I’m a (python data stack) data scientist with a predilection towards data viz. I’ve recently taken a bit of a sojourn into Bokeh-land. I’ve found Bokeh to be an incredibly powerful library with a ton of cool features, but I also ran in to a number of pain points which ultimately led me to elect not to use Bokeh for my work at this time (though I’m still tinkering with it on the side). I just wanted to document some of the issues I encountered at a high level to provide some ‘user research’, if you will, that may be instructive for the team as you move towards v1.0. I’m mostly documenting pain points here, but I really do think Bokeh is an awesome library with great potential – I don’t mean at all to be critical, I just want to provide feedback in case it proves useful (caveating all this with: I know you are short-handed and doing the best you can with limited resources!).
At a super high level, the main problems I ran into were:
To me this is really the only thing that is a must-fix before v1.0, and really the only thing that would prevent extremely widespread adoption of Bokeh. The current state of the documentation is a serious blocker for non-engineers trying to work with Bokeh. The single biggest problem is the **KWARGS! problem. Put simply, while using a jupyter notebook attempts to quickly view documentation using the shift-tab notebook feature (or %psource, ‘?’, etc) are futile. Most functions and class instances merely note that they take args and kwargs, and don’t provide relevant options and customizations that a user would be looking for.
The ‘give a list of valid options when user enters an invalid option’ feature is genuinely brilliant, but it is not a substitute for quick, easy, access to full-bodied readme docs. Unfortunately the API reference on the site often falls prey to the same issue, and even when it doesn’t the available options are often undocumented, or sparsely documented. Compared to the docs for, say, seaborn, which provide full options, extensive details, and extensive examples right on the same page, Bokeh lags. This is critical for quick iteration in the data analytics world. In seaborn I can fix a syntax problem very quickly by consulting the site or shift-tabbing. In Bokeh often times I had to abandon such efforts after 30 minutes of searching with no answer. Improving the API references and the, related, readme references, are from a user experience side the highest priority open tasks for Bokeh. I honestly feel documentation improvements are more valuable than any plausible feature that could be added before v1.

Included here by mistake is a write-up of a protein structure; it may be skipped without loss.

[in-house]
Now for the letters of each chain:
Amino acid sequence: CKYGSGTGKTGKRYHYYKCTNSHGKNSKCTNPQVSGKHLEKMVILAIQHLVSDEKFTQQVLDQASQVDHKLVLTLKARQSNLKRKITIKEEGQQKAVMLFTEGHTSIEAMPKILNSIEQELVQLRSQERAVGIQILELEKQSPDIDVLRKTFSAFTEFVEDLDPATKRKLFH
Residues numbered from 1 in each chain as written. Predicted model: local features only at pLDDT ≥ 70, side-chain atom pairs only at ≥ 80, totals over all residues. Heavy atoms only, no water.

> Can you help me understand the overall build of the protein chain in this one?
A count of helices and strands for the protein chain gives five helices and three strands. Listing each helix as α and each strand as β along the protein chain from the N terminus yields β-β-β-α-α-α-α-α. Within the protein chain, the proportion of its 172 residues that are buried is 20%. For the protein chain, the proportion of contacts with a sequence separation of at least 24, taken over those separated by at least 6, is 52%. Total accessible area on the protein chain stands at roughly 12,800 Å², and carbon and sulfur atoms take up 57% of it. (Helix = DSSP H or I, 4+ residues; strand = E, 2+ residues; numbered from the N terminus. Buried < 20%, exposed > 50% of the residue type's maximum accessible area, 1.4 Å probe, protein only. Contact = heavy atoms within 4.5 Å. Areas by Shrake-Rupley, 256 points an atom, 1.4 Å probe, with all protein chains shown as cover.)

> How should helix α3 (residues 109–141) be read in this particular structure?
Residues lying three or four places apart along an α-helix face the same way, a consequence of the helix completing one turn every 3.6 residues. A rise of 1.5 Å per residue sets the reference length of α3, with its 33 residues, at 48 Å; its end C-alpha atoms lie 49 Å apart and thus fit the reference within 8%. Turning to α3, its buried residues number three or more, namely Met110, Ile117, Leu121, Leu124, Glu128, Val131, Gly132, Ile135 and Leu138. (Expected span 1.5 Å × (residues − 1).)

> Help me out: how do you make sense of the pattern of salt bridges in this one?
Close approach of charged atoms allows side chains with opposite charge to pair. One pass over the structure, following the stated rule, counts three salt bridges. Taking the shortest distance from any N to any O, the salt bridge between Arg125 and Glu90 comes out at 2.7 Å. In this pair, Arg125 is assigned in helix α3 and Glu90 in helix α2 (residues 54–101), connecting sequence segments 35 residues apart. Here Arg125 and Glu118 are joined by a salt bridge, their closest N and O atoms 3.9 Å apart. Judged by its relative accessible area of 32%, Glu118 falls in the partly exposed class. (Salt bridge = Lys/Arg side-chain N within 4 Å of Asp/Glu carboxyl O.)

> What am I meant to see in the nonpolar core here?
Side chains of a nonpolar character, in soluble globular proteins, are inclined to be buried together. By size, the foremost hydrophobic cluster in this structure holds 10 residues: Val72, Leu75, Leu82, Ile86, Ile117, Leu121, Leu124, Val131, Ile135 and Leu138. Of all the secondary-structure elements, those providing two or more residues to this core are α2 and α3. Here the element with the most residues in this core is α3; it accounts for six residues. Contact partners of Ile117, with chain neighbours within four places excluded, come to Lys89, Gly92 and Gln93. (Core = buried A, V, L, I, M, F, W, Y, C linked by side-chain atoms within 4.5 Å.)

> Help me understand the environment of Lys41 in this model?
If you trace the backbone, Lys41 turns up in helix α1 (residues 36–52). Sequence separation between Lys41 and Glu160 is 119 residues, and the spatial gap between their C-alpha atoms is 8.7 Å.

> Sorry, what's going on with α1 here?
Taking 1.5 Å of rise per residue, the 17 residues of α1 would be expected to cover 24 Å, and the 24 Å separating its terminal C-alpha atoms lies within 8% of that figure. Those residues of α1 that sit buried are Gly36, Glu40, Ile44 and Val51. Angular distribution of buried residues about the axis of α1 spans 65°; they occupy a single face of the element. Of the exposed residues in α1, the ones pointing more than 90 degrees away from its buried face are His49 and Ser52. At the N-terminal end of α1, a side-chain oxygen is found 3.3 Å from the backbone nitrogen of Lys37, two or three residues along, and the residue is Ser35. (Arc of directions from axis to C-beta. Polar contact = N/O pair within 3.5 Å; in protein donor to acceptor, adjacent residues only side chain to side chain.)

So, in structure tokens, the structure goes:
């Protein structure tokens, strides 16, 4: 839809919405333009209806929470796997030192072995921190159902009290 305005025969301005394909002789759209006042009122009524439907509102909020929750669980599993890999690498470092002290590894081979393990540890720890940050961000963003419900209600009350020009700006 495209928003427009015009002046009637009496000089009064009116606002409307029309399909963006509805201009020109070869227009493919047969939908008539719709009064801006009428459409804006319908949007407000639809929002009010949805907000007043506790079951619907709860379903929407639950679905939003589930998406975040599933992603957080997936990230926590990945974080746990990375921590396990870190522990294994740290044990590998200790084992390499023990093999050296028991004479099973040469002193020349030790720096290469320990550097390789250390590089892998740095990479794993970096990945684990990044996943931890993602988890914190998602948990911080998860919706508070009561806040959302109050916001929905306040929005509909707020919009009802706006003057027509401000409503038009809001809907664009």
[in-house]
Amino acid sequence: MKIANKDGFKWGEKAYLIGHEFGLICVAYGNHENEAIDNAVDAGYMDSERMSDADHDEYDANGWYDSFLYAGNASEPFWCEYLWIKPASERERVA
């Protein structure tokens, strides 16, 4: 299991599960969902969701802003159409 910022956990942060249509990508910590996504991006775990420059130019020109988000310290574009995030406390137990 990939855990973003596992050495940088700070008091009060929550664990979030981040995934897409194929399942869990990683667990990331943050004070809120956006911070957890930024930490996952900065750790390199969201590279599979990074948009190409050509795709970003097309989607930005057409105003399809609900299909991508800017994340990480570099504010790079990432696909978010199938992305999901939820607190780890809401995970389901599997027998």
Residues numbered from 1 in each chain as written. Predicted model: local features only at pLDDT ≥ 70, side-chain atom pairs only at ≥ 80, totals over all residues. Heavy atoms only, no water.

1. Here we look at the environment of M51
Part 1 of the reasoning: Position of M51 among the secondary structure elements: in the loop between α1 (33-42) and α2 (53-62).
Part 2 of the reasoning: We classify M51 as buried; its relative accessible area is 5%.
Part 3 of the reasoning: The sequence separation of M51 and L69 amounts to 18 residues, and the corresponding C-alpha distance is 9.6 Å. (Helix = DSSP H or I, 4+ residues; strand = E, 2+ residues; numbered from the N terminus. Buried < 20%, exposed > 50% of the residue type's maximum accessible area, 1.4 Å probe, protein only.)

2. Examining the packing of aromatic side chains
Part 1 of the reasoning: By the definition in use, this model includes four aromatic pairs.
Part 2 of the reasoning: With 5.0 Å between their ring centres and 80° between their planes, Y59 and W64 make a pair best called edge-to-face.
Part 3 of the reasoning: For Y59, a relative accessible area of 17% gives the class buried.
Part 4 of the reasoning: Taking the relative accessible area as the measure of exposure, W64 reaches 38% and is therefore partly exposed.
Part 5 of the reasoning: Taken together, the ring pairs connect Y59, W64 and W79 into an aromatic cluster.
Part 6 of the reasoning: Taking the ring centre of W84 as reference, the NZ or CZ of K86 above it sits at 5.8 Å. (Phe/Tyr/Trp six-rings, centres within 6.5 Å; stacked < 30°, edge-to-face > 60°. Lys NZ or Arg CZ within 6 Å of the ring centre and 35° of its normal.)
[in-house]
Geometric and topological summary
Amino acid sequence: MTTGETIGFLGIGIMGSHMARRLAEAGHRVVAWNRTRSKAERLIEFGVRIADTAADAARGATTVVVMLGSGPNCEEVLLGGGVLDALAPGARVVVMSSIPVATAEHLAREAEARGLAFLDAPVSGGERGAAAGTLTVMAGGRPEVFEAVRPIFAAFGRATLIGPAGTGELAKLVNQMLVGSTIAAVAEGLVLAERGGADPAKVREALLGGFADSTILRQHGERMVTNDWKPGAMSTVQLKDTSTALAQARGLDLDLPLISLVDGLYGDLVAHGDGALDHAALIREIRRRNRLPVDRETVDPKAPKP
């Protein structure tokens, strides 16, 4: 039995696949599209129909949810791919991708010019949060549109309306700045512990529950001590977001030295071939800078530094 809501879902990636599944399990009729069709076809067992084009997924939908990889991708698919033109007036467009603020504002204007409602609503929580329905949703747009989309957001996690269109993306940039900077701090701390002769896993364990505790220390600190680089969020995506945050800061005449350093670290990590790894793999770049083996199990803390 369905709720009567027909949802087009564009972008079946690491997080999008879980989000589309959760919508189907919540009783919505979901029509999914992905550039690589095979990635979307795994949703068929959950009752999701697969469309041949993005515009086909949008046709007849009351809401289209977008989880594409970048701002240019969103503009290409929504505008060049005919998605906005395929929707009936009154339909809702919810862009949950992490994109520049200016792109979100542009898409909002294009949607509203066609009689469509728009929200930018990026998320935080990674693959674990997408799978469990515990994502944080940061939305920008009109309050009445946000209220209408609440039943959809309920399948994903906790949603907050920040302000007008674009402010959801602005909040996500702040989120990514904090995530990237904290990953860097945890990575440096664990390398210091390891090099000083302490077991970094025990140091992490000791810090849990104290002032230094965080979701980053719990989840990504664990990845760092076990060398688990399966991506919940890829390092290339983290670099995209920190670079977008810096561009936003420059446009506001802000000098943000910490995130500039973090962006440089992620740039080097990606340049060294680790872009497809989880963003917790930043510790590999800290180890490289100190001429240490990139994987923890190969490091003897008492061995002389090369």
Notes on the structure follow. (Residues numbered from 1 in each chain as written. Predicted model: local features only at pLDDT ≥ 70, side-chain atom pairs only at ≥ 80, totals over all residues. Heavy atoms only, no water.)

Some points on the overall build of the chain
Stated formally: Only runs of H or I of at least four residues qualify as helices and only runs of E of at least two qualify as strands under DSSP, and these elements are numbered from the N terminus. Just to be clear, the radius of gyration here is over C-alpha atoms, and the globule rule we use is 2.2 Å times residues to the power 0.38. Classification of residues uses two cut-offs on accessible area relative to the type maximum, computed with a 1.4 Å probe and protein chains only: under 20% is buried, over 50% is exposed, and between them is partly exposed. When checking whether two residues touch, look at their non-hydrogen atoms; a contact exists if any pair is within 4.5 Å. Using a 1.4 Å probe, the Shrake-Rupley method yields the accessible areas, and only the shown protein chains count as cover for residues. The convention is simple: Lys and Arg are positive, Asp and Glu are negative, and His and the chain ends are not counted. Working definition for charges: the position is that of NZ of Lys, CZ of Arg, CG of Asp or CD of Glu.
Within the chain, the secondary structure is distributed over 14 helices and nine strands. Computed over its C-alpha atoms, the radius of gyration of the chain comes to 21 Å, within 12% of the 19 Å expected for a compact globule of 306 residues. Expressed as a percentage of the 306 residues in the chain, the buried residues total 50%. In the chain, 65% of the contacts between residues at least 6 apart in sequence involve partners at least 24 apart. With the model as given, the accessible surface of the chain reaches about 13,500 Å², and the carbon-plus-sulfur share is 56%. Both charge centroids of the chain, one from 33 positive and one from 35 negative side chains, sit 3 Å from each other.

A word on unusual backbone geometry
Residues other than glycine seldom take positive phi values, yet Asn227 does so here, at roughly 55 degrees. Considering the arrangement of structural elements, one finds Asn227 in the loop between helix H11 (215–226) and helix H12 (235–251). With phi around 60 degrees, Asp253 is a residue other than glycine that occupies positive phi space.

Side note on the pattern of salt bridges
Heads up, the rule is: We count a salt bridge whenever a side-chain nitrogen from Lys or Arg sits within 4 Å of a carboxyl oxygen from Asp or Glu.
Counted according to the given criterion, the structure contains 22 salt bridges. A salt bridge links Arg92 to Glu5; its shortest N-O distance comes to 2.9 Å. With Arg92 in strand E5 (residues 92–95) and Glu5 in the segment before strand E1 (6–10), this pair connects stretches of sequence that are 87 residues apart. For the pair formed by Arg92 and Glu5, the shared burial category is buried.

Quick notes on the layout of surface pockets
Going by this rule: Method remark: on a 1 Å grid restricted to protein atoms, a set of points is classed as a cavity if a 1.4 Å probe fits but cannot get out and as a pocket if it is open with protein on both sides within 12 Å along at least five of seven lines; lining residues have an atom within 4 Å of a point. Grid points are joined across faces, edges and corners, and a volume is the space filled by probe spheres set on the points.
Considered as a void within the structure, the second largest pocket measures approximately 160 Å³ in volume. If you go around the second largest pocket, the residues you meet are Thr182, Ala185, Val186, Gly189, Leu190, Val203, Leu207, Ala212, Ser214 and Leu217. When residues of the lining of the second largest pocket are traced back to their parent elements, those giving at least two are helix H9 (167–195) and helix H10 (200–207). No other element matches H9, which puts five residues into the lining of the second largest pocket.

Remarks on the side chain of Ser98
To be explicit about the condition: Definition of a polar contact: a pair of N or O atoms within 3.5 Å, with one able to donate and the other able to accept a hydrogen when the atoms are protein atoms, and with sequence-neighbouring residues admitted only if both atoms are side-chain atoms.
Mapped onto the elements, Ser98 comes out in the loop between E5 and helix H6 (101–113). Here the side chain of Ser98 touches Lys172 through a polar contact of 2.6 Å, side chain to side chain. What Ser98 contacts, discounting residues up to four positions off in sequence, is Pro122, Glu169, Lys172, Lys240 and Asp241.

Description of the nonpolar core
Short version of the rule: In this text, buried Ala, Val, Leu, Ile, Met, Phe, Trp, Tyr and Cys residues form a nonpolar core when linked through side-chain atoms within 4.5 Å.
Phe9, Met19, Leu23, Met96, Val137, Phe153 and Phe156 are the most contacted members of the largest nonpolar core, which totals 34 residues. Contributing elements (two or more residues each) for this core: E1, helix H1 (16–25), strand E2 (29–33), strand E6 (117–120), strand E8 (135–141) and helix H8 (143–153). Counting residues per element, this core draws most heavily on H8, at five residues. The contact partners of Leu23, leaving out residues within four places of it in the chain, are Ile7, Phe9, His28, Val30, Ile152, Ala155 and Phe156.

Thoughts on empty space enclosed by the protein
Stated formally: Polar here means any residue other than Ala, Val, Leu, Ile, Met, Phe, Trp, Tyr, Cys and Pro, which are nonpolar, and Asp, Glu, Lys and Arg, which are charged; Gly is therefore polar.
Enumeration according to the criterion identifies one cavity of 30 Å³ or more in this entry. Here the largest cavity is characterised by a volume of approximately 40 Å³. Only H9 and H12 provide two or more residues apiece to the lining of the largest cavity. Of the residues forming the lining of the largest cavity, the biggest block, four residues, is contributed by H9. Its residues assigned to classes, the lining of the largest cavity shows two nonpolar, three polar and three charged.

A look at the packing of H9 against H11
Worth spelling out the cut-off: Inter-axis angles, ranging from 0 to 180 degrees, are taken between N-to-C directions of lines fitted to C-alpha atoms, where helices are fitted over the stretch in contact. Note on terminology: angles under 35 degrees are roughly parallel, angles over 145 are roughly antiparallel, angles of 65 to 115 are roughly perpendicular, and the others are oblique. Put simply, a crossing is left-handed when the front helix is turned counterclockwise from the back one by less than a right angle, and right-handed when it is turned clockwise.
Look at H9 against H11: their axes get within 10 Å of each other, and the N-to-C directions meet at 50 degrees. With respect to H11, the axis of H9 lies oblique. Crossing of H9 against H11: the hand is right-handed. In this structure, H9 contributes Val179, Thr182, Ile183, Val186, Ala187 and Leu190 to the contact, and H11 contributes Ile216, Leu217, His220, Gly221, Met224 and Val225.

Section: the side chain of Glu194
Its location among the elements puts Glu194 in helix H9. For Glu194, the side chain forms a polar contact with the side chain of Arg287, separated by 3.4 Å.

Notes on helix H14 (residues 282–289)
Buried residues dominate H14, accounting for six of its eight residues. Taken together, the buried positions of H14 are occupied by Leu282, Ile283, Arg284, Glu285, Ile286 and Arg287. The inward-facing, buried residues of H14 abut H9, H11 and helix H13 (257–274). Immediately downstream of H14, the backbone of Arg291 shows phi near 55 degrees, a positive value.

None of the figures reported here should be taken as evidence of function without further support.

The user guide is a valuable supplement, but it is much harder to diagnose a problem with command XYZ by going to the user guide than by knowing which command to look up for examples in the API reference or, even better, with a simple shift-tab (or %psource, etc) in notebook. The demos are likewise awesome, but have a similar concern. Also, many things are available in github examples only and not online, which is a minor annoyance. The user guide and examples also fall short in the area I would say is by far Bokehs core competency, interactivity.
I was drawn to Bokeh by the powerful (and hopefully simple!) interactive elements. In particular, ability to use widgets to control plots in an interactive manner in static html. Jupyter widgets already make it super easy to get chart interactivity, but this is harder to port to static webpage contexts. I don’t really have any background in JS, and I found it very difficult to navigate the docs for adding interactivity in a static html context. The from_pyfunc() function proved too limited, which is understandable, but richer docs (with explanations) for CustomJS would be helpful.
Bokeh server certainly has a ton of value for certain solutions, but most of the time a light weight solution is vastly preferable. Where the server really shines is in the potential to have the extremely elusive ‘shiny for python’ type dashboard experience. This experience includes Bokeh server but would also include pre-built infrastructure to easily add ready-made sidebars, filters, formatting options, etc. as Shiny provides. These are all doable with Bokeh, certainly, but a dashboarding solution would make them simple and painless. At least in the data science part of the world this is where Bokeh server shines, and I’d love to see Bokeh server target this use case, which is a HUGE open need in the #pydata stack. For someone with absolutely no background in software engineering setting up an internal-network-facing dashboard application served by Bokeh server is currently a dream, contrasted with Shiny.
To this one user’s eyes Bokeh has a clear fit in the #pydata stack, and that fit is in (1) making it easy to publish interactive, widget driven visualizations that function in static html, and (2) providing the first genuinely viable counterpart to shiny for python. Libraries like seaborn will always be better for exploratory, quick visualizations, and that is totally ok. Bokeh has a huge opportunity space, and I feel it is well poised to fill that space. I think focusing in those areas will provide the easiest wins, compared to trying to reinvent the billion things one can already do in matplotlib. Focusing on interactivity and dashboarding solutions will, to my eyes, facilitate the broadest Bokeh adoption.
I really love what I’ve seen out of Bokeh so far, and I hope this user research proves somewhat helpful. I know there are many limitations on the time of all Bokeh developers and I stress again that none of this is intended to be critical in any way. I would be happy to follow up and discuss my experiences more insofar as that would be valuable.